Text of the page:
News and Tribune

Floyd County

April 1, 2014

Setting the record straight in Floyd County: Commissioners defend purchase of Pine View

$2.7 million and three years later, all three officials say it was the right move, despite current budget woes

NEW ALBANY — It cost Floyd County government $1.2 million to purchase Pine View Elementary School in 2011. It cost another $1.5 million to turn the school into a government center.

Three years later, the Floyd County Commissioners still say it was the right move to make.

In the wake of the recent budget crisis facing the county, some have criticized the Pine View purchase, saying the price was too steep. All three commissioners, however, said Tuesday night the price was much cheaper than having to build a new youth shelter.

“This was a good purchase,” said Commissioners’ President Mark Seabrook. “We had to have a new youth shelter, it had to come out of that building [North Annex]. It wasn’t safe and it was too expensive to renovate.”

Seabrook said not only does Pine View serve as the home for the youth shelter, it also provided needed office and meeting space. He said the county had “outgrown” the second floor of the City-County Building.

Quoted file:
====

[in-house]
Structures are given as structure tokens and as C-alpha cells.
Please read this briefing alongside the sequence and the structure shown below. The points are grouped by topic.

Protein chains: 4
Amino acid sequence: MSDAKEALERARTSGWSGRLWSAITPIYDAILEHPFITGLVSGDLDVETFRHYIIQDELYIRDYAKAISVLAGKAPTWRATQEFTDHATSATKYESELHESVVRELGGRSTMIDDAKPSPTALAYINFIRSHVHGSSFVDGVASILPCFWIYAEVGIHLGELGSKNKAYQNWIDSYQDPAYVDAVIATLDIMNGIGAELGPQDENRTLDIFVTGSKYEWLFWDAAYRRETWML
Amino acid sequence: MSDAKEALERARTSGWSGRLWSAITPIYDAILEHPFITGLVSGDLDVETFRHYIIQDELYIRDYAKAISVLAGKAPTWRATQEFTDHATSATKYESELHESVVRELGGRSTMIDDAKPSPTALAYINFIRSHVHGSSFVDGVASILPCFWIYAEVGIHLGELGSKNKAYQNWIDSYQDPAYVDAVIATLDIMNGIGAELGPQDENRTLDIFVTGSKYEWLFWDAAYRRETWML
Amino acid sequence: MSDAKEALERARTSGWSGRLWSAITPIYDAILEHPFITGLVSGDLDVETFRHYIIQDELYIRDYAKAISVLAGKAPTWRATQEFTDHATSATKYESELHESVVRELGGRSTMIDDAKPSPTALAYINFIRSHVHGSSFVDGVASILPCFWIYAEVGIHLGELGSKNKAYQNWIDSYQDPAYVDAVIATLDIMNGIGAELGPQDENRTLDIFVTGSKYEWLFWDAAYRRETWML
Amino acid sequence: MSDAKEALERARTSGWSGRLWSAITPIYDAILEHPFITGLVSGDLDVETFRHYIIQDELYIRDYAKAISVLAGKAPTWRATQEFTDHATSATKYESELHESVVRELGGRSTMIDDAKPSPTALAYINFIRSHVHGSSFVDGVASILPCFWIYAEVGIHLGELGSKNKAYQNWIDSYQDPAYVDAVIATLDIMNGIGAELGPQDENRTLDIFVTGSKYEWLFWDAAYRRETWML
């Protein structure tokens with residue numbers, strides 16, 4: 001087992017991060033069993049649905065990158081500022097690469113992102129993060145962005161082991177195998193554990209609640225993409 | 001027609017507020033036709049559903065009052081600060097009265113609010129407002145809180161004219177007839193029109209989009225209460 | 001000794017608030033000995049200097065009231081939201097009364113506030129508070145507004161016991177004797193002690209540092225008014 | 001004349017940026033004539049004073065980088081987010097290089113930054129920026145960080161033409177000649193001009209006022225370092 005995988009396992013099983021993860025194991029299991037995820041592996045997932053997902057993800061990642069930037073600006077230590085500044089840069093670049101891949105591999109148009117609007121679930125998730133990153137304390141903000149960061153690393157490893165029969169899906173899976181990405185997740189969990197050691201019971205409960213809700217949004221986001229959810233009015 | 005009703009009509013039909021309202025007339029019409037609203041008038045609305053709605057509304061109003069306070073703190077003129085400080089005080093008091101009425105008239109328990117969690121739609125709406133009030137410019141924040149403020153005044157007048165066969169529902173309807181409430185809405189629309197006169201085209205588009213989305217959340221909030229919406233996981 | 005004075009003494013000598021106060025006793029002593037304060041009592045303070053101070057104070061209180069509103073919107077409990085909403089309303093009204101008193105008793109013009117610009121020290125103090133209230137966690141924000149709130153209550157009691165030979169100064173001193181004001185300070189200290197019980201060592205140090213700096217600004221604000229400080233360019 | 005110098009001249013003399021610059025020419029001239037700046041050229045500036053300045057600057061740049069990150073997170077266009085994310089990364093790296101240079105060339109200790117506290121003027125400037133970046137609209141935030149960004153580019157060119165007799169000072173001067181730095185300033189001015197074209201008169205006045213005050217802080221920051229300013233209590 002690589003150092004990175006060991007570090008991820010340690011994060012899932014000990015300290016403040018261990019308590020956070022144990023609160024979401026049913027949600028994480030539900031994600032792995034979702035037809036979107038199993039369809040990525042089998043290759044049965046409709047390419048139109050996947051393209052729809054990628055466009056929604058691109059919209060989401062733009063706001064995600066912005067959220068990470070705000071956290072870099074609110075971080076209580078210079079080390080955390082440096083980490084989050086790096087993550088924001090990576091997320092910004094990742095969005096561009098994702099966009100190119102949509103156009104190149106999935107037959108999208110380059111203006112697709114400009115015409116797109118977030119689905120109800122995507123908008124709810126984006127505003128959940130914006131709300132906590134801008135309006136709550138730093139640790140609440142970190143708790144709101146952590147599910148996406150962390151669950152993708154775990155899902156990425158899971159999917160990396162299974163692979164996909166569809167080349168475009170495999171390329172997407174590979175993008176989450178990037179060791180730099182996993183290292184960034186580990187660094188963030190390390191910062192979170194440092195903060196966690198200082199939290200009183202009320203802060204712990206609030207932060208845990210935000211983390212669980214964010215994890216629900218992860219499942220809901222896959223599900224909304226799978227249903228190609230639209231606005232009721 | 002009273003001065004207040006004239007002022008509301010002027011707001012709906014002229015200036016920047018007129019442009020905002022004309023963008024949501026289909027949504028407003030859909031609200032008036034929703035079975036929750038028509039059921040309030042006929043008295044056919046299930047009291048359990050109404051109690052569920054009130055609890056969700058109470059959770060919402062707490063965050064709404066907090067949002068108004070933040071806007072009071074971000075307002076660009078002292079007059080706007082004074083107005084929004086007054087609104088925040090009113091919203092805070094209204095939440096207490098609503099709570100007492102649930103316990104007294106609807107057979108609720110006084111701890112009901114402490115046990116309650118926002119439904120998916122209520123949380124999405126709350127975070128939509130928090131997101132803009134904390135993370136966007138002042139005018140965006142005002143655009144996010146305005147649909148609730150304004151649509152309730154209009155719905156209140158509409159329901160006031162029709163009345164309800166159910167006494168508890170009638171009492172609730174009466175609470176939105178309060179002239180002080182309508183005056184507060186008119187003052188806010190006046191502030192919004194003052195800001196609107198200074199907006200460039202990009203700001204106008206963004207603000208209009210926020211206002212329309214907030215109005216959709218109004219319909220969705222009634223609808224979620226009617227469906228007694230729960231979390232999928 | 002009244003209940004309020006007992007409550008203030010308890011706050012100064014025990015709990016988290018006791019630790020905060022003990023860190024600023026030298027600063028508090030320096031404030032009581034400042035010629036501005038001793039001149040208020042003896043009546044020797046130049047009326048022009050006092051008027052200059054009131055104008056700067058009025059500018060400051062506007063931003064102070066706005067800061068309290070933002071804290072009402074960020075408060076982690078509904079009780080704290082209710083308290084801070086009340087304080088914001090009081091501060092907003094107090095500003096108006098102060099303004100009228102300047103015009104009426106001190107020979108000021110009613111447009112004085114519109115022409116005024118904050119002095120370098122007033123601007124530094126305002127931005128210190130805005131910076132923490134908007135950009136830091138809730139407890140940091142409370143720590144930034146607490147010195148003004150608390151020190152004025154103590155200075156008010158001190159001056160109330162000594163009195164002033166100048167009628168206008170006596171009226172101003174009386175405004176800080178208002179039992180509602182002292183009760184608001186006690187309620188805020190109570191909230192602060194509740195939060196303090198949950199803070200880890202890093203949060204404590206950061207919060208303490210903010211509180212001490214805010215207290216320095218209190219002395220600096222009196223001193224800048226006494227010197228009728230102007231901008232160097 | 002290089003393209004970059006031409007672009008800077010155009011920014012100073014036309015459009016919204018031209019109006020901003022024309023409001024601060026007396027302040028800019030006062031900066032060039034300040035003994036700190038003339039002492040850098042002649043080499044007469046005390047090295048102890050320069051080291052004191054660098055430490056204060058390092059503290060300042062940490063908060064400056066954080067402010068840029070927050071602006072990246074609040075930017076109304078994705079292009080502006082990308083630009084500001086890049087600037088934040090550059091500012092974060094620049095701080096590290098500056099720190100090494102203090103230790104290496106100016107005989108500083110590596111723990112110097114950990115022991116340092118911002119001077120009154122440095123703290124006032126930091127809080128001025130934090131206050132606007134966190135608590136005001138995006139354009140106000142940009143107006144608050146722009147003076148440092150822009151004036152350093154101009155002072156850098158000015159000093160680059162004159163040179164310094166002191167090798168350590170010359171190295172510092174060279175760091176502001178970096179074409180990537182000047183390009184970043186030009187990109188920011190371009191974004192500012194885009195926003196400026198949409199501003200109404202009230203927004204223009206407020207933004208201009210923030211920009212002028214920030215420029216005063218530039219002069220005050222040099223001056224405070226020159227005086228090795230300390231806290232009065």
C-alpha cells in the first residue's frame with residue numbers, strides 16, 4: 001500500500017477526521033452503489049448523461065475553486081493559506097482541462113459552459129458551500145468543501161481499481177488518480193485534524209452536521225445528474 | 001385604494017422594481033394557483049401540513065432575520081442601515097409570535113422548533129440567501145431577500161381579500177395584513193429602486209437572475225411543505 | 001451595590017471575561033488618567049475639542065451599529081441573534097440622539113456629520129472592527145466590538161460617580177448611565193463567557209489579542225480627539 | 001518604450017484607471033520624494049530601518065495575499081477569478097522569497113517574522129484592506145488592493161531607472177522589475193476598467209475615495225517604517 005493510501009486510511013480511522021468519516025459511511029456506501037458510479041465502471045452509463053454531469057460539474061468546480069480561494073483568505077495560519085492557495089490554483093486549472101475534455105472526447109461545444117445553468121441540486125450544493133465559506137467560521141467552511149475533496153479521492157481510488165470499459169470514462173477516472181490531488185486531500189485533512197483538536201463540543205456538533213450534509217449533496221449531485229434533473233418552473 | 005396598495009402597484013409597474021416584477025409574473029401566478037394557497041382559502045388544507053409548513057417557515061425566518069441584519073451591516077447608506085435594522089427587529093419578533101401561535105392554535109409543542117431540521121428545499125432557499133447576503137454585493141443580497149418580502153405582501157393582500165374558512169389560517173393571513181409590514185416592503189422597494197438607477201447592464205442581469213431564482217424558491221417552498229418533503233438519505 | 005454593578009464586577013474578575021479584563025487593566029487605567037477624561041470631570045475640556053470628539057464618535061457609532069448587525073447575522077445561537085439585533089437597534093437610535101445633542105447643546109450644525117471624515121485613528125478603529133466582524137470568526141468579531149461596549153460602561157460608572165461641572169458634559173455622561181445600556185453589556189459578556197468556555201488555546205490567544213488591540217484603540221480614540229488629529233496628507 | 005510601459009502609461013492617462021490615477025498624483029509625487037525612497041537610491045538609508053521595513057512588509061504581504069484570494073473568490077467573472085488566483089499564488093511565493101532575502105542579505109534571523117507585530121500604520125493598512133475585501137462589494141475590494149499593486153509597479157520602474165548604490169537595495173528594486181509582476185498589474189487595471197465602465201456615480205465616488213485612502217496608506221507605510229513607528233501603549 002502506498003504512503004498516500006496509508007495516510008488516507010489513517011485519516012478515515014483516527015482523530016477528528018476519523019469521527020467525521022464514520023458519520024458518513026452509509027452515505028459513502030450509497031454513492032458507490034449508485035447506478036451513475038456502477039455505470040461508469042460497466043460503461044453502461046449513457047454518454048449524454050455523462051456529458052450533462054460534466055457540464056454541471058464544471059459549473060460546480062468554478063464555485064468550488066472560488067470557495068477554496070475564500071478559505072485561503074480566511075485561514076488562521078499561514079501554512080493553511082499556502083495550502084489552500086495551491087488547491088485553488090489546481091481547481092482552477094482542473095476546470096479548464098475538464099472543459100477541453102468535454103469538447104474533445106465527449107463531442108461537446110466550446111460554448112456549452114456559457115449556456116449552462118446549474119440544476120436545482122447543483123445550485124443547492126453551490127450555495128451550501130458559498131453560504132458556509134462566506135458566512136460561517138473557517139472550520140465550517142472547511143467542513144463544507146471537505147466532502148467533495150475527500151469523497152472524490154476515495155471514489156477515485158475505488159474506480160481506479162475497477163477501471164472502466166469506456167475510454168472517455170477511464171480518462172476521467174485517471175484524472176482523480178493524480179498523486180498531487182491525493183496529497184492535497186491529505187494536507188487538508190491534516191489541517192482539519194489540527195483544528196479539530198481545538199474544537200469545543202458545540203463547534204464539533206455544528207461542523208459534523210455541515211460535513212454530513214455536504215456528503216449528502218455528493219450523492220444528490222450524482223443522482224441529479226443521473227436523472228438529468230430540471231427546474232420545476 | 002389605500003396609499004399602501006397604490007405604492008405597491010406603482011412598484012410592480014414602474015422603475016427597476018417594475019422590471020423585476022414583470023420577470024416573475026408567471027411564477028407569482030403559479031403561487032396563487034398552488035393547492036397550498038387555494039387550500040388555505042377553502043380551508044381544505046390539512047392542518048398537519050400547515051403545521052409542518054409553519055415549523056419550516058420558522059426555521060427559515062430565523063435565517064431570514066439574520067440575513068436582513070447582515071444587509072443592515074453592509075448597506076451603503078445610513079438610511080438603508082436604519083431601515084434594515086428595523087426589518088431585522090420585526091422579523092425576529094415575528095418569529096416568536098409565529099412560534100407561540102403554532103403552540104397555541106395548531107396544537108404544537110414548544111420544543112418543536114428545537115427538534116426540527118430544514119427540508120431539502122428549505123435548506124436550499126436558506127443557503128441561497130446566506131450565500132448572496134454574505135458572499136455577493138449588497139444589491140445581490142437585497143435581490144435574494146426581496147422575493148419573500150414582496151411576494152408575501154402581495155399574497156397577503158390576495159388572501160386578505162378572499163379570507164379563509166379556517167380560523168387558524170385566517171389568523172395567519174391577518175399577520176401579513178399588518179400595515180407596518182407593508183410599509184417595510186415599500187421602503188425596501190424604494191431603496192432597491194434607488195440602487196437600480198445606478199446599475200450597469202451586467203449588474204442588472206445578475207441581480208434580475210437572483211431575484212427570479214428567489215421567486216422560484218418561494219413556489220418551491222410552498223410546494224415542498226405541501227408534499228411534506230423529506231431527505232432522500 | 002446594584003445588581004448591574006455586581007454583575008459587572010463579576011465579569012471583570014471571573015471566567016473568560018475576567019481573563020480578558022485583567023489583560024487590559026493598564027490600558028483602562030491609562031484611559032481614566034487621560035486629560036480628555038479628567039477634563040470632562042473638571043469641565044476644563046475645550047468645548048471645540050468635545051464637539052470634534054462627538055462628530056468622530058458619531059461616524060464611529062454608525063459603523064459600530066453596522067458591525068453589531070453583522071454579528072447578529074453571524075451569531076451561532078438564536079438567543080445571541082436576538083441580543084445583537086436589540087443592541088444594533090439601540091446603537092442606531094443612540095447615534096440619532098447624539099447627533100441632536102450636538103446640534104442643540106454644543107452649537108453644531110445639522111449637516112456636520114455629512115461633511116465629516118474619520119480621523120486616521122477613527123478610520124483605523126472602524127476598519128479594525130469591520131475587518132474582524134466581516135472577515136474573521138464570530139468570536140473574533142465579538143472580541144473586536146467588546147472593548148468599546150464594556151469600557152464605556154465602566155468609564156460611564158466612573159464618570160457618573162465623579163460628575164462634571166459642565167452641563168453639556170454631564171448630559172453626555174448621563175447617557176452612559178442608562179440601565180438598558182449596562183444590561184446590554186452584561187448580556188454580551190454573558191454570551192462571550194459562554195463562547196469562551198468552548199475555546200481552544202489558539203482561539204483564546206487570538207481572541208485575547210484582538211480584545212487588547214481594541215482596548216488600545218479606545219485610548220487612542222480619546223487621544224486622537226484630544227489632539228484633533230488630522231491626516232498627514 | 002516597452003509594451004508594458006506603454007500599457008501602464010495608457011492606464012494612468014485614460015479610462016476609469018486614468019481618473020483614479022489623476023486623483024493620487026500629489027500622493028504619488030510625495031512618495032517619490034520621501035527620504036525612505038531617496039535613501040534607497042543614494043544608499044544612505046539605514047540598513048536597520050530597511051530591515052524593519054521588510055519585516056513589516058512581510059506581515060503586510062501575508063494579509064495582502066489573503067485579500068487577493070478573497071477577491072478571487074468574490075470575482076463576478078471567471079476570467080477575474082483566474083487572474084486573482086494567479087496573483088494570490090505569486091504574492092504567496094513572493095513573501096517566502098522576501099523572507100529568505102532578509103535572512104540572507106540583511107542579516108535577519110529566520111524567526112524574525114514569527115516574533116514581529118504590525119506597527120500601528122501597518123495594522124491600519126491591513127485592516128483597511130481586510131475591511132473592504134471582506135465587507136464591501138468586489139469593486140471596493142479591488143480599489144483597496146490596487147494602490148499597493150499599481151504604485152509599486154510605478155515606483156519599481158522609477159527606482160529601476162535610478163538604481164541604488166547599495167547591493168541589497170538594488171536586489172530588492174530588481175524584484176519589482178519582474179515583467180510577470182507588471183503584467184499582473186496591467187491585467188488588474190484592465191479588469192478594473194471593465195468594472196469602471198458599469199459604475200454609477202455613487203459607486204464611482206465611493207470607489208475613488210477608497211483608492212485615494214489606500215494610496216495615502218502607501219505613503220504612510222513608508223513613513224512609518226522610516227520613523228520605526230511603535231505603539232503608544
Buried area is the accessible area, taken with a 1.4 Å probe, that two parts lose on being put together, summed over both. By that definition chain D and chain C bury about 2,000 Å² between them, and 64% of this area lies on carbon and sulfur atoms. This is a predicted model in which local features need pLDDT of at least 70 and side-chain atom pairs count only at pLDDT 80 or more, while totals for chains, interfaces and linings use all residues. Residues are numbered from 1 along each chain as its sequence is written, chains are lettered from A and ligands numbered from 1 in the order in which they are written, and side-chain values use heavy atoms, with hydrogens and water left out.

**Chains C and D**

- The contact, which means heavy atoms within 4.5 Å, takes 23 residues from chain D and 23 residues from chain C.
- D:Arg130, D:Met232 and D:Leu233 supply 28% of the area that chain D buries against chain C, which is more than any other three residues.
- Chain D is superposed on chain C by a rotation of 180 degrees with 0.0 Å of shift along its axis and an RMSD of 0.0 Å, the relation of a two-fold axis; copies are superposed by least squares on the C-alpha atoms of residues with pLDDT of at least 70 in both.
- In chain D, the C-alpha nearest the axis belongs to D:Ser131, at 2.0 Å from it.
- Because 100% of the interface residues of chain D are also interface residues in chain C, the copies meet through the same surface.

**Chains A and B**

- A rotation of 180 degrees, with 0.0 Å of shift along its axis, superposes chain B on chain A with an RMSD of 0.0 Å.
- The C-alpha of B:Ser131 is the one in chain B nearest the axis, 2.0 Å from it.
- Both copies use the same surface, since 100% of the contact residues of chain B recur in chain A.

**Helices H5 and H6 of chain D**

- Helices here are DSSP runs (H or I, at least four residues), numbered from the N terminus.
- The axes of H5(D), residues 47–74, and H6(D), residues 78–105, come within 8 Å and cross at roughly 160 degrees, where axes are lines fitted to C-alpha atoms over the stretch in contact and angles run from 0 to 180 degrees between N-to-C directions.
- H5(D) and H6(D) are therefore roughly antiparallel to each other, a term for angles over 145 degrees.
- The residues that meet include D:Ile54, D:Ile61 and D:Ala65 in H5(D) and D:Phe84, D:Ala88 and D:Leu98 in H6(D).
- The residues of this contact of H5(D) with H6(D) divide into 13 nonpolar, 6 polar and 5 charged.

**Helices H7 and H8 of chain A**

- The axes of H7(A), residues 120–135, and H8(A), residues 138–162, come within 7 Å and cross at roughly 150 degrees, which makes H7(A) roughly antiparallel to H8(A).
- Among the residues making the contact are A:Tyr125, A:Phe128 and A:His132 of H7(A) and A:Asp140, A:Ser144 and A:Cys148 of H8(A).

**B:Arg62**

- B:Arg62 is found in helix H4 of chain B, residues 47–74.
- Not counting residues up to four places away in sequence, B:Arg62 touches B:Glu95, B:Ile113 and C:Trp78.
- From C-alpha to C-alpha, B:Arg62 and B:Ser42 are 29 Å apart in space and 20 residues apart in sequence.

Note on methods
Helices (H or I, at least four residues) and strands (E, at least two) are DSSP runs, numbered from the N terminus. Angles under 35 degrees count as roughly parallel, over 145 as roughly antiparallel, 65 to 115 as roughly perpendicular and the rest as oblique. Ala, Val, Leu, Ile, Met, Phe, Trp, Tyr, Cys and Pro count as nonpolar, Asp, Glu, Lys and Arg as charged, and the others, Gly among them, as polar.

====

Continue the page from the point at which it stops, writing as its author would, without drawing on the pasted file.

“When we bought this building it was cheaper than having to build another building,” said Commissioner Chuck Freiberger. “It was a good decision when we bought this building. It was a good deal at the time.”

Commissioner Steve Bush said the county had to get the children out of the North Annex since it was in such disrepair.

“It was about protecting the youth,” Bush said. “There were health risks. This was a pretty good deal.”

The three also said they would consider selling some of the county’s assets to help with the budget woes. But they are in no hurry to unload the North Annex, Reisz Building or O’Brien property.

“I would take a look at it but it’s a short-term solution,” Bush said.

Seabrook agreed. He said money from the sale would have to be used wisely, otherwise the county would be out property and have nothing to show for it.

Freiberger said he would like to see the North Annex area remain a park setting.

“We have a problem with the budgets and if we sell properties and use the money quickly, we haven’t solved a thing except getting rid of assets and getting by for a year,” he said. “The true problems that need to be worked out concern the budgets.”

However, he said he would be willing to listen to any offer or discussion about county properties.

“The other properties [except the North Annex] I am not really interested in selling, but of course, all options have to be considered,” he said.  


Floyd County Road Department Superintendent Jeff Ramsey has resigned, according to Director of County Operations Don Lopp.

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